Indian social enterprise Action for India (AFI) recently held its annual forum on the role of technology in helping social enterprises scale up. With over 100 social innovators present at the forum, ICT was an important topic, leading further discussion around collecting and analyzing data, developing a multi-stakeholder platform, and promoting automation in training and skills development. Entrepreneurs who attended the forum came from a range of sectors including agriculture, education, energy, and healthcare.

The annual forum of Action For India at IIT-Delhi discussed the role of technology in scaling up social enterprises. Vishakha Sharma reports

Over the years India has witnessed growth in innovations in industrial, financial, and technological segments. However, as per Action For India (AFI), a social start-up enterprise, with 42% of the population living below the international poverty line of US$ 1.25 per-day, this growth fuelled by innovation has been far from inclusive. And despite a number of social enterprises working towards alleviating poverty, socio-economic issues continue to persist on a large scale. In order to arrive at possible solutions, AFIs annual forum held at IIT-Delhi on January 21, discussed how technology can help social enterprises scale-up.

Need for technology

Accroding to Sam Pitroda, entrepreneur, policymaker and honorary chairman, AFI, on the one hand, while India has the largest number of poor, it also has a large talent pool which can address challenges faced by them.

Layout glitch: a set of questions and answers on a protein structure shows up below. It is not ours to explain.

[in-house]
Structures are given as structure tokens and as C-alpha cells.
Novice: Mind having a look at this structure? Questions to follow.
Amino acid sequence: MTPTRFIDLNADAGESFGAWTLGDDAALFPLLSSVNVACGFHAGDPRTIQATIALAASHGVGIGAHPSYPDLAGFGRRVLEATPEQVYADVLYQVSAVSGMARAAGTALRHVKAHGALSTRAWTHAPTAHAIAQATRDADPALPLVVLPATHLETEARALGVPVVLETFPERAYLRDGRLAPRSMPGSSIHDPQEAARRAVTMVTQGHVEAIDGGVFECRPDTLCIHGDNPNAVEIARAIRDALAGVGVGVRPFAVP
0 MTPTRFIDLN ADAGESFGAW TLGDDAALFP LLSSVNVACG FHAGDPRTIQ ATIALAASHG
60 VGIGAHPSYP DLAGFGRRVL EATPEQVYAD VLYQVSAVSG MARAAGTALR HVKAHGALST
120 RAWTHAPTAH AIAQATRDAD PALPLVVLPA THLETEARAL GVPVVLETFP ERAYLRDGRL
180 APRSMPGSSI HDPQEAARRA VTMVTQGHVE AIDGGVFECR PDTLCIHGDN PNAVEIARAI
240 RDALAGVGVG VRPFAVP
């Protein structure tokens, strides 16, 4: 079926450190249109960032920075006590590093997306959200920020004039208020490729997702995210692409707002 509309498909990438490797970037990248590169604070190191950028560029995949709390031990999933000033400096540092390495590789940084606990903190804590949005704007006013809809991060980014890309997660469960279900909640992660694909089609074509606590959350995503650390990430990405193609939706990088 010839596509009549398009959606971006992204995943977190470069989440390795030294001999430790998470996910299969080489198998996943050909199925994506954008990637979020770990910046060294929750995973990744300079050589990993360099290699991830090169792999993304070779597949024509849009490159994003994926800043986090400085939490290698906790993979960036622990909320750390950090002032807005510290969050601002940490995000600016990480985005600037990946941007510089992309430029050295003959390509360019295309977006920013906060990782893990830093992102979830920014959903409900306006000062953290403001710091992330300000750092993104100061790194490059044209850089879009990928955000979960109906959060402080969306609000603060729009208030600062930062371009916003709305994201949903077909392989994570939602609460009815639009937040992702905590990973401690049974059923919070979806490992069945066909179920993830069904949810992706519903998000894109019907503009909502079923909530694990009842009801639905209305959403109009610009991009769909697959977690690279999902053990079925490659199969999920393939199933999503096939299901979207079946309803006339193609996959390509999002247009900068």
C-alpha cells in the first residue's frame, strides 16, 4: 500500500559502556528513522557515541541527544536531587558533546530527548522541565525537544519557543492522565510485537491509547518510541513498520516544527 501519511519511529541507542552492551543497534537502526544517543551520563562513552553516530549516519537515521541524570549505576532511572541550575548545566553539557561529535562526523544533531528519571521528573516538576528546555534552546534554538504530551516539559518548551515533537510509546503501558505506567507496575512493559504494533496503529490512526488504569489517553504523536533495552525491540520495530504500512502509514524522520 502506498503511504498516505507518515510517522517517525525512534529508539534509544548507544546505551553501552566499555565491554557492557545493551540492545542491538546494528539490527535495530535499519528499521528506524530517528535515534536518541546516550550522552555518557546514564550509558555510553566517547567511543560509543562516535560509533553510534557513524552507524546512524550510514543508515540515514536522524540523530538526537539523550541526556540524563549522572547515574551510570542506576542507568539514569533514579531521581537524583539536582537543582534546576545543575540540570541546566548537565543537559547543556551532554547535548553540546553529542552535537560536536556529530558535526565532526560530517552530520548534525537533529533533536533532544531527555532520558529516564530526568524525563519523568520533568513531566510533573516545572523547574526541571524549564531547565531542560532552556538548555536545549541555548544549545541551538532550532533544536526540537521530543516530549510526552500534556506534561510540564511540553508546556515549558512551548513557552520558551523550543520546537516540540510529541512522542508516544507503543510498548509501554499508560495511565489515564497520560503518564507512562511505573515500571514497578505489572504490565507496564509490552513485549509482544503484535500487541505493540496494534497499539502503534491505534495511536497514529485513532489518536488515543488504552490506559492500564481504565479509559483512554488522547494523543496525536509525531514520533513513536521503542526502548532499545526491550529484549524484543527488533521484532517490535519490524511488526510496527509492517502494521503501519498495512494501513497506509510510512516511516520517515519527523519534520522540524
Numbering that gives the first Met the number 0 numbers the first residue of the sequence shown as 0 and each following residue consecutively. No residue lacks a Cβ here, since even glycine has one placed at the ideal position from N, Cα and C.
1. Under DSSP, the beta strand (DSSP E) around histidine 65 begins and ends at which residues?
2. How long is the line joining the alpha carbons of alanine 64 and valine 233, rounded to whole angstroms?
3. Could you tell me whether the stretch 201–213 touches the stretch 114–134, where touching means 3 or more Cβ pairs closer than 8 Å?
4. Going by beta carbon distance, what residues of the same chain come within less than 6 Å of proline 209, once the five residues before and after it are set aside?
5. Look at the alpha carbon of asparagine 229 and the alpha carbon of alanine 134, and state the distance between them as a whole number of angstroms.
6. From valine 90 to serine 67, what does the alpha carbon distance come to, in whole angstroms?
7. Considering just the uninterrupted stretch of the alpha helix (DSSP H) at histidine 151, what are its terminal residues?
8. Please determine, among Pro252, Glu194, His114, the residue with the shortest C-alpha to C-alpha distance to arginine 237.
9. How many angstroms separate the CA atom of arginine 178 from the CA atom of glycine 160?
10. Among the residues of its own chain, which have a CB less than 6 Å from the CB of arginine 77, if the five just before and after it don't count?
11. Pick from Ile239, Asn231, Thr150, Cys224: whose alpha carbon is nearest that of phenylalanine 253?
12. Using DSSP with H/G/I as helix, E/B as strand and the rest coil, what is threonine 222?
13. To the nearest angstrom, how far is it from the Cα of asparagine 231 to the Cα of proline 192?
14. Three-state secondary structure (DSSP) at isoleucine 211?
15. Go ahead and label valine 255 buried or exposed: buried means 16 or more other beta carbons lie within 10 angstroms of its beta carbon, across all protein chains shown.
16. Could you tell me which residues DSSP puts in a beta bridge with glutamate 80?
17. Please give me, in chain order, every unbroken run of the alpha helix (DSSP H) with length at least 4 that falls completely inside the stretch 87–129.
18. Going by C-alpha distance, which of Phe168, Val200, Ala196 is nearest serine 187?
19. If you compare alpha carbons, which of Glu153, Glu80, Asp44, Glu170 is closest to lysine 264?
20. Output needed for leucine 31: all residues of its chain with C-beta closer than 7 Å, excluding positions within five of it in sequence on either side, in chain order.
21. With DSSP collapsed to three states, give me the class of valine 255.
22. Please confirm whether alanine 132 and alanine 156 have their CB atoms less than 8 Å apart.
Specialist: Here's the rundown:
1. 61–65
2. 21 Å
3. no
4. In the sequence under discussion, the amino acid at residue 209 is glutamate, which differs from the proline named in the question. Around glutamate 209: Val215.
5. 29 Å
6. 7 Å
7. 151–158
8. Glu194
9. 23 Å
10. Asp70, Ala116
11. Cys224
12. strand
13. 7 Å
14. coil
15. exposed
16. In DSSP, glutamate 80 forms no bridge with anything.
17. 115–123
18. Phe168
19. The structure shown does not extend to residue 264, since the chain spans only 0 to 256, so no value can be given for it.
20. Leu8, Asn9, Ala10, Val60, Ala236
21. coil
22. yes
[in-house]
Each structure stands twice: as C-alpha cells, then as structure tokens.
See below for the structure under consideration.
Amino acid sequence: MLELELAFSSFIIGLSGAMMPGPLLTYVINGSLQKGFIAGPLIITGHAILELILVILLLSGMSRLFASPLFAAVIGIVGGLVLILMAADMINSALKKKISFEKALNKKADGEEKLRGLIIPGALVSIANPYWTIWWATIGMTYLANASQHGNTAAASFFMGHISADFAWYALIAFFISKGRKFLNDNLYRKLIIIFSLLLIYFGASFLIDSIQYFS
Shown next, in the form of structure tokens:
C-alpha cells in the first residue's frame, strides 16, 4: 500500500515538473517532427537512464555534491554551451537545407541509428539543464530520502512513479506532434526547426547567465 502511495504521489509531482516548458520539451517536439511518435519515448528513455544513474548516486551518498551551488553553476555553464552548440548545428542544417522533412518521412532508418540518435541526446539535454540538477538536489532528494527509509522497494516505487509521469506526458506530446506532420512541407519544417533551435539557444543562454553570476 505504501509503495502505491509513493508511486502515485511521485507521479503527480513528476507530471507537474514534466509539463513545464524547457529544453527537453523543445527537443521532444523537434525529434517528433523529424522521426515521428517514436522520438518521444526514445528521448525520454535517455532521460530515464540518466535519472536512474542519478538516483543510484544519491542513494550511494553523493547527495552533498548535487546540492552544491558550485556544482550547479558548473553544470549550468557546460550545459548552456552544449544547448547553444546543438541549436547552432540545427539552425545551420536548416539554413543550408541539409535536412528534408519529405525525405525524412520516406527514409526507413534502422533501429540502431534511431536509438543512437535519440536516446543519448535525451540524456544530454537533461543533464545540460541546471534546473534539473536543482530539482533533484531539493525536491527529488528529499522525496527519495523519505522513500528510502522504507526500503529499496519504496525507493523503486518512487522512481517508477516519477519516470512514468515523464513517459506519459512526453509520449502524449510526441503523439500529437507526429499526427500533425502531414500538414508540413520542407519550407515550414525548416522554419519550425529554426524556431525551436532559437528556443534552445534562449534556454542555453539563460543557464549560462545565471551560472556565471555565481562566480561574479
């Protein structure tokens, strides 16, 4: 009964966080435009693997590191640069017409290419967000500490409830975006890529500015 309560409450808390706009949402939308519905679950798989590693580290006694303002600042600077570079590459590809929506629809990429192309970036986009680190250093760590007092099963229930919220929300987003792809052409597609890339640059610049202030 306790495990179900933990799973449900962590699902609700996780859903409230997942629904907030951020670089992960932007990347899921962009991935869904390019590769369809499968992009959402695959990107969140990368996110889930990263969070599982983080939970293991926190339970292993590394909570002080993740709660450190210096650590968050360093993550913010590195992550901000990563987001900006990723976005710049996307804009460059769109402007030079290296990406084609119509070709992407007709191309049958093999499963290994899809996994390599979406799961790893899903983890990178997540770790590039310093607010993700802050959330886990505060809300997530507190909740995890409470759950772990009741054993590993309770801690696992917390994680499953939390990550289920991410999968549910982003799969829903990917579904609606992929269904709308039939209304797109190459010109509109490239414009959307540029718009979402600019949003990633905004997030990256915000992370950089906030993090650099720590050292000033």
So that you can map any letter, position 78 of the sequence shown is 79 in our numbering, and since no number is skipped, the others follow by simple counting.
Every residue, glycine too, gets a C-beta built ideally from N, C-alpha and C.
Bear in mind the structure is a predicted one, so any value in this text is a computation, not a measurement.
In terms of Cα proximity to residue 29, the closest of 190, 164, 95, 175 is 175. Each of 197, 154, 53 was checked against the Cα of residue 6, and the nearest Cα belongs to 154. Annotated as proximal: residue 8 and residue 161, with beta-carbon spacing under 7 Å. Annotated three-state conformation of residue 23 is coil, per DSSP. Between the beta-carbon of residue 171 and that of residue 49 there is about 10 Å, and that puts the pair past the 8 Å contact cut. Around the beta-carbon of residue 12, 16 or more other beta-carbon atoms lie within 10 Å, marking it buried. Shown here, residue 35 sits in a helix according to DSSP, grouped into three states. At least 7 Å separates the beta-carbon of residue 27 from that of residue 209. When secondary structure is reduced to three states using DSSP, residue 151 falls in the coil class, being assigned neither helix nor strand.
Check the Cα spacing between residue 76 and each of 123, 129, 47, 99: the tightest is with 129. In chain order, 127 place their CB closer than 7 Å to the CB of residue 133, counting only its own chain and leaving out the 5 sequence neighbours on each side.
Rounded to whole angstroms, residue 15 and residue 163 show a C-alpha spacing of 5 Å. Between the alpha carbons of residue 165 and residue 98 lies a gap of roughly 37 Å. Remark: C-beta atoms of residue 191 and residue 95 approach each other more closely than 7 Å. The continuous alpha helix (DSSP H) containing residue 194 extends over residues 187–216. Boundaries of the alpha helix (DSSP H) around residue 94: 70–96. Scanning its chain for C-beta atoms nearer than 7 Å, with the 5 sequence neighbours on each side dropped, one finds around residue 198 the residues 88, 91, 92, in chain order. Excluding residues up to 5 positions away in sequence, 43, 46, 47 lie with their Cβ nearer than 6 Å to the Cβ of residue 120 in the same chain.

People in India are innovating, but the key is to scale some of these innovations, standardise, and make sure they reach out to a large number of people. To me, if innovation doesnt touch millions, it has very little meaning. In the 21st Century, we have a whole set of new tools to redefine ourselves and innovate. The use of technology brings about openness, accessibility, connectivity, networking, democratisation, and decentralisation. And as a result, new opportunities in productivity, efficiency, cost reduction and access provide a ground to innovate, he said.

Young innovators

Present at the forum were 100 young social innovators under the age of 40, whose innovations in agriculture, education, energy and healthcare, have impacted lives at the bottom of the pyramid. As per these social innovators, areas where technology can enable the scaling-up of social innovation, includes:

– Gathering, monitoring and data analysis: Computerised data management systems will permit tracking information at organisational, sectoral and regional levels

– Developing open multi-stakeholder platform: A platform that specifically addresses the need for developing software relevant to social enterprises is critical to achieving scale

– Automation in training and skills development programmes: Developing simulators and technology-enabled training programmes can ensure quality skills development across all sectors

Government support

To support social entrepreneurs set up new business models to bring about positive change, efforts are underway to increase the corpus of the National Innovation Fund that has been announced by Pranab Mukerjee, minister of finance. This fund is expected to be operational by June or July.